Subject(s)
Methylene Blue/pharmacology , Photochemotherapy/methods , Photosensitizing Agents/pharmacology , SARS-CoV-2/drug effects , Animals , Chlorocebus aethiops , Dose-Response Relationship, Drug , Drug Combinations , Microbiological Techniques , Porphyrins , Vero Cells
8.
Med Hypotheses ; 146: 110455, 2021 Jan.
Article in English | MEDLINE | ID: covidwho-969218

ABSTRACT

SARS-CoV-2 infection generally begins in the respiratory tract where it can cause bilateral pneumonia. The disease can evolve into acute respiratory distress syndrome and multi-organ failure, due to viral spread in the blood and an excessive inflammatory reaction including cytokine storm. Antiviral and anti-cytokine drugs have proven to be poorly or in-effective in stopping disease progression, and mortality or serious chronic damage is common in severely ill cases. The low efficacy of antiviral drugs is probably due to late administration, when the virus has triggered the inflammatory reaction and is no longer the main protagonist. The relatively poor efficacy of anti-cytokine drugs is explained by the fact that they act on one or a few of the dozens of cytokines involved, and because other mediators of inflammation - reactive oxygen and nitrogen species - are not targeted. When produced in excess, reactive species cause extensive cell and tissue damage. The only drug known to inhibit the excessive production of reactive species and cytokines is methylene blue, a low-cost dye with antiseptic properties used effectively to treat malaria, urinary tract infections, septic shock, and methaemoglobinaemia. We propose testing methylene blue to contrast Covid-related acute respiratory distress syndrome, but particularly suggest testing it early in Covid infections to prevent the hyper-inflammatory reaction responsible for the serious complications of the disease.


Subject(s)
COVID-19/drug therapy , Methylene Blue/pharmacology , Models, Biological , Antiviral Agents/pharmacology , COVID-19/complications , COVID-19/physiopathology , Cytokines/antagonists & inhibitors , Endothelium, Vascular/drug effects , Endothelium, Vascular/injuries , Humans , Multiple Organ Failure/etiology , Multiple Organ Failure/prevention & control , Pandemics , Reactive Oxygen Species/antagonists & inhibitors , Respiratory Distress Syndrome/etiology , Respiratory Distress Syndrome/prevention & control , SARS-CoV-2 , Treatment Failure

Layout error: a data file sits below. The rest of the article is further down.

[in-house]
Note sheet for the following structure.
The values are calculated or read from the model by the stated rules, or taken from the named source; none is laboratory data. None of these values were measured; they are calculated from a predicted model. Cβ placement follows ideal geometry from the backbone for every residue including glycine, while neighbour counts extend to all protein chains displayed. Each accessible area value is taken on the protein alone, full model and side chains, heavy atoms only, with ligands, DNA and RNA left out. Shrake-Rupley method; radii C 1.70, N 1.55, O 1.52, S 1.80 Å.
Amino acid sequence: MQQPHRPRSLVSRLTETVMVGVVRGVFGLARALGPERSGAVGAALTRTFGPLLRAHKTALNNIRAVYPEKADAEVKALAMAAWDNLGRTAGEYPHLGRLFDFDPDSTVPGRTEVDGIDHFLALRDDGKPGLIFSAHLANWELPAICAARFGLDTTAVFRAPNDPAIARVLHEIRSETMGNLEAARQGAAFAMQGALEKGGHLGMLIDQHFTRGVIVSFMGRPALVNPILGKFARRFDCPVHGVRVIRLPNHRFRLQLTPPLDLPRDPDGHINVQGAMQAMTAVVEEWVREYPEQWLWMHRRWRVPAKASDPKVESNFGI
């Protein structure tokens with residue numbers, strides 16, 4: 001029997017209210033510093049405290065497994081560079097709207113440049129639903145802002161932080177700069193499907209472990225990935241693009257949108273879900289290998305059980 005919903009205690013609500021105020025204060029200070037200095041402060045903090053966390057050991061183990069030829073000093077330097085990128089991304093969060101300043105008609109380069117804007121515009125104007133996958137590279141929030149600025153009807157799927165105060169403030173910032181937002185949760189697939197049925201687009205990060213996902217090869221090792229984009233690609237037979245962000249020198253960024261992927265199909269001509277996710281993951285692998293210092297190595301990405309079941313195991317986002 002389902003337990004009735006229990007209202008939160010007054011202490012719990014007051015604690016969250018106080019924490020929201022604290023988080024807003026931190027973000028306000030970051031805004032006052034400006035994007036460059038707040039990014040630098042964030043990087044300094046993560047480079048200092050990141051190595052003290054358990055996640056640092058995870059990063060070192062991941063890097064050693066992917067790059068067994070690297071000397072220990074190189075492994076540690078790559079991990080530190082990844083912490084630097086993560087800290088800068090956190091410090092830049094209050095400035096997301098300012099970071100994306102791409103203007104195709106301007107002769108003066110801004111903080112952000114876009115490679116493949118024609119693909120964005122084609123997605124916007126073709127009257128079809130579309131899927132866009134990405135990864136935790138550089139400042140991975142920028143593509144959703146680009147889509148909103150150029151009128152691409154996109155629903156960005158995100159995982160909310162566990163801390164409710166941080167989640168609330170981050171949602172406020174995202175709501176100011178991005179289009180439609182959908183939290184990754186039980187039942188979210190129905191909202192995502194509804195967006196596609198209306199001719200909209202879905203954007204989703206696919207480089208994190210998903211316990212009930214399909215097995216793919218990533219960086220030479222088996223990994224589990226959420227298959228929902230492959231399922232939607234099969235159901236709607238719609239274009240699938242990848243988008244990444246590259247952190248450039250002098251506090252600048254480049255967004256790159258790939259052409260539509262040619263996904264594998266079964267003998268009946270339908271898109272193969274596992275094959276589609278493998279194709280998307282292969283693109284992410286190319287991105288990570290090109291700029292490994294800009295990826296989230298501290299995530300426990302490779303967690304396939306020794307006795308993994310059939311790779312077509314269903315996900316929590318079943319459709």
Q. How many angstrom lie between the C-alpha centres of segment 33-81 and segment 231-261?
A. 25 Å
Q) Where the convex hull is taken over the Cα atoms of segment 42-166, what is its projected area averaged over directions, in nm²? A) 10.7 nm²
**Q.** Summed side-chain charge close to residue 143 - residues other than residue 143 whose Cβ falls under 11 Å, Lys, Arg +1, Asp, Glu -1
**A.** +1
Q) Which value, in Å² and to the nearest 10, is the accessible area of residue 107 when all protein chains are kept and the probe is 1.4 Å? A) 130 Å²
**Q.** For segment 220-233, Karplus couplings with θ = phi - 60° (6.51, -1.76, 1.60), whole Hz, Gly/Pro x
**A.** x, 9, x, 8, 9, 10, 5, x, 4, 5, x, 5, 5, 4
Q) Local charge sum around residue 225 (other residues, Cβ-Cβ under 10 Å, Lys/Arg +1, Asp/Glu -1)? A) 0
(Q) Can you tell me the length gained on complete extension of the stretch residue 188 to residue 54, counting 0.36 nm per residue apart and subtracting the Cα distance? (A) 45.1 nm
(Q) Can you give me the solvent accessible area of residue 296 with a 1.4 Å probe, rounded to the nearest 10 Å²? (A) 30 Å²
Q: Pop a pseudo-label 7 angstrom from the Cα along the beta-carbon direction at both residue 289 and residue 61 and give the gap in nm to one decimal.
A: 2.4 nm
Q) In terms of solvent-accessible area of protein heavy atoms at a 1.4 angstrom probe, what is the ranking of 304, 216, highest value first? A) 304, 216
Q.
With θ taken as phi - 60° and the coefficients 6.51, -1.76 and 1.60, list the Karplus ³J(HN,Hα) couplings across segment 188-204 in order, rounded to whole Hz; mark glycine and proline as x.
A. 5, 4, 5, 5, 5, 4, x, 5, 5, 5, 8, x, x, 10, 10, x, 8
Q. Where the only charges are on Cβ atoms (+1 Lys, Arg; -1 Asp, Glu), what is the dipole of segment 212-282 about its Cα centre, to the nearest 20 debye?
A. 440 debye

9.
Int J Antimicrob Agents ; 56(6): 106202, 2020 Dec.
Article in English | MEDLINE | ID: covidwho-866723

ABSTRACT

In December 2019, a novel coronavirus, severe acute respiratory syndrome coronavirus 2 (SARS-CoV-2), causing coronavirus diseases 2019 (COVID-19) emerged in Wuhan, China. Currently there is no antiviral treatment recommended against SARS-CoV-2. Identifying effective antiviral drugs is urgently required. Methylene blue has already demonstrated in vitro antiviral activity in photodynamic therapy as well as antibacterial, antifungal and antiparasitic activities in non-photodynamic assays. In this study. non-photoactivated methylene blue showed in vitro activity at very low micromolar range with an EC50 (median effective concentration) of 0.30 ± 0.03 µM and an EC90 (90% effective concentration) of 0.75 ± 0.21 µM at a multiplicity of infection (MOI) of 0.25 against SARS-CoV-2 (strain IHUMI-3). The EC50 and EC90 values for methylene blue are lower than those obtained for hydroxychloroquine (1.5 µM and 3.0 µM) and azithromycin (20.1 µM and 41.9 µM). The ratios Cmax/EC50 and Cmax/EC90 in blood for methylene blue were estimated at 10.1 and 4.0, respectively, following oral administration and 33.3 and 13.3 following intravenous administration. Methylene blue EC50 and EC90 values are consistent with concentrations observed in human blood. We propose that methylene blue is a promising drug for treatment of COVID-19. In vivo evaluation in animal experimental models is now required to confirm its antiviral effects on SARS-CoV-2. The potential interest of methylene blue to treat COVID-19 needs to be confirmed by prospective comparative clinical studies.